Kunisada, Nakamura Utaemon IV as Taira no Kiyomori

Nakamura Utaemon IV as Taira no Kiyomori, late 1850’s. Oban.

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This striking and dramatic theatre portrait is of Nakamura Utaemon as Taira no Kiyomori, the 12th century samurai and clan leader who established the Taira family as the most powerful Japan had ever seen, prior to its collapse at the hands of the Minamoto in 1185.

Kiyomori was a ruthless and ambitious man and the eventual loser in the great power struggles that helped to establish the Japanese dynasties for years to come. He is usually pictured by Edo artists as a symbol of remorse and guilt, most famously by Hiroshige, Chikanobu and Yoshitoshi in the garden of his palace at the end of his life contemplating the snowy shapes of the landscape and seeing the skulls of his enemies and victims in every hillock and snowdrift. There is a fine Yoshitoshi portrait of him in hell being taunted by his many victims.

In this print, we see him staring wild eyed at a burning oxcart - a Buddhist metaphor for hell - his garments already being consumed by flames. It is a fine and seminal portrait and one that would be copied by artists such as Kunichika in years to come. The print is a deluxe edition from the early 1860’s, the background is sprinkled with mica, the robes of Kiyomori are burnished with zig-zag shomen-zuri patterns and the cuffs and collars of the kimono are embossed. The flames on his robes are nicely oxidised.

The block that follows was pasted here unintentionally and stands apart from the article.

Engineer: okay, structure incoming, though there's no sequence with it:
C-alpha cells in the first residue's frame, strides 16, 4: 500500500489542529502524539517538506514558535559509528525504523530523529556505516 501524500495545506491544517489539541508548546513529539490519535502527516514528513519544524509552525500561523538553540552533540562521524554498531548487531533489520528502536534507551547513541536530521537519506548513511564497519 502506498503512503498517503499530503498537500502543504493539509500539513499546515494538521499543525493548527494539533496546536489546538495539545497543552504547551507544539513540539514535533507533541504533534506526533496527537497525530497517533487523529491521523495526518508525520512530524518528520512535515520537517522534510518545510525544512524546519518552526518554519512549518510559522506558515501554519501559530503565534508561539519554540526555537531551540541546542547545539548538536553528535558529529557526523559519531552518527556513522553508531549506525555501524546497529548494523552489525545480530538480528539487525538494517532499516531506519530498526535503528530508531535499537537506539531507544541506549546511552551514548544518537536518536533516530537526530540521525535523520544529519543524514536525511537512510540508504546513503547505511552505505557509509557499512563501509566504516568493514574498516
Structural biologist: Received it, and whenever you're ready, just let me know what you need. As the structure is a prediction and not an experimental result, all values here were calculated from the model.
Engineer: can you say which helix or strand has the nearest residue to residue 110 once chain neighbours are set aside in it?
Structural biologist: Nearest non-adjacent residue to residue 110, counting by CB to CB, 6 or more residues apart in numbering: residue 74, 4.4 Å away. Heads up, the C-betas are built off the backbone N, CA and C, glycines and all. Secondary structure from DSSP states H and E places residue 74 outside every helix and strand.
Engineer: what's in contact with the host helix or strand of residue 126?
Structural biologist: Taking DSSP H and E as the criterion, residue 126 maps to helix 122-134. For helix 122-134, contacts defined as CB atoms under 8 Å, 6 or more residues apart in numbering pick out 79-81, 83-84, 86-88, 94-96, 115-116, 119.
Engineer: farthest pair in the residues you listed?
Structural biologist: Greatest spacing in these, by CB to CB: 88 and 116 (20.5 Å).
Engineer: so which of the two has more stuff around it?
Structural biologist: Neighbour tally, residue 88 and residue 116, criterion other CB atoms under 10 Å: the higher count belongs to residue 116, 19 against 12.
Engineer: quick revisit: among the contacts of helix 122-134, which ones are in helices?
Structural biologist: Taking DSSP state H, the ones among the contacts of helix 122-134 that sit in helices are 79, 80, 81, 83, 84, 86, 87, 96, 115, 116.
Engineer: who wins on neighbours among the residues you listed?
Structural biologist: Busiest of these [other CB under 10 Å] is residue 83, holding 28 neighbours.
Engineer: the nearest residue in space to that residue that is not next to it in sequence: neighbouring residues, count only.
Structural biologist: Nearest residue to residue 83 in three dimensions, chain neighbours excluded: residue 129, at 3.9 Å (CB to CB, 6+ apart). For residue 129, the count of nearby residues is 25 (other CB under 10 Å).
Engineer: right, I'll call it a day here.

A fine portrait, with exceptional drawing and bold technical additions. The print is full size with margins. Good impression, fine colours and good condition. Some surface wear to the lower left and binding holes to the left edge.

25.4 x 36.8 cm.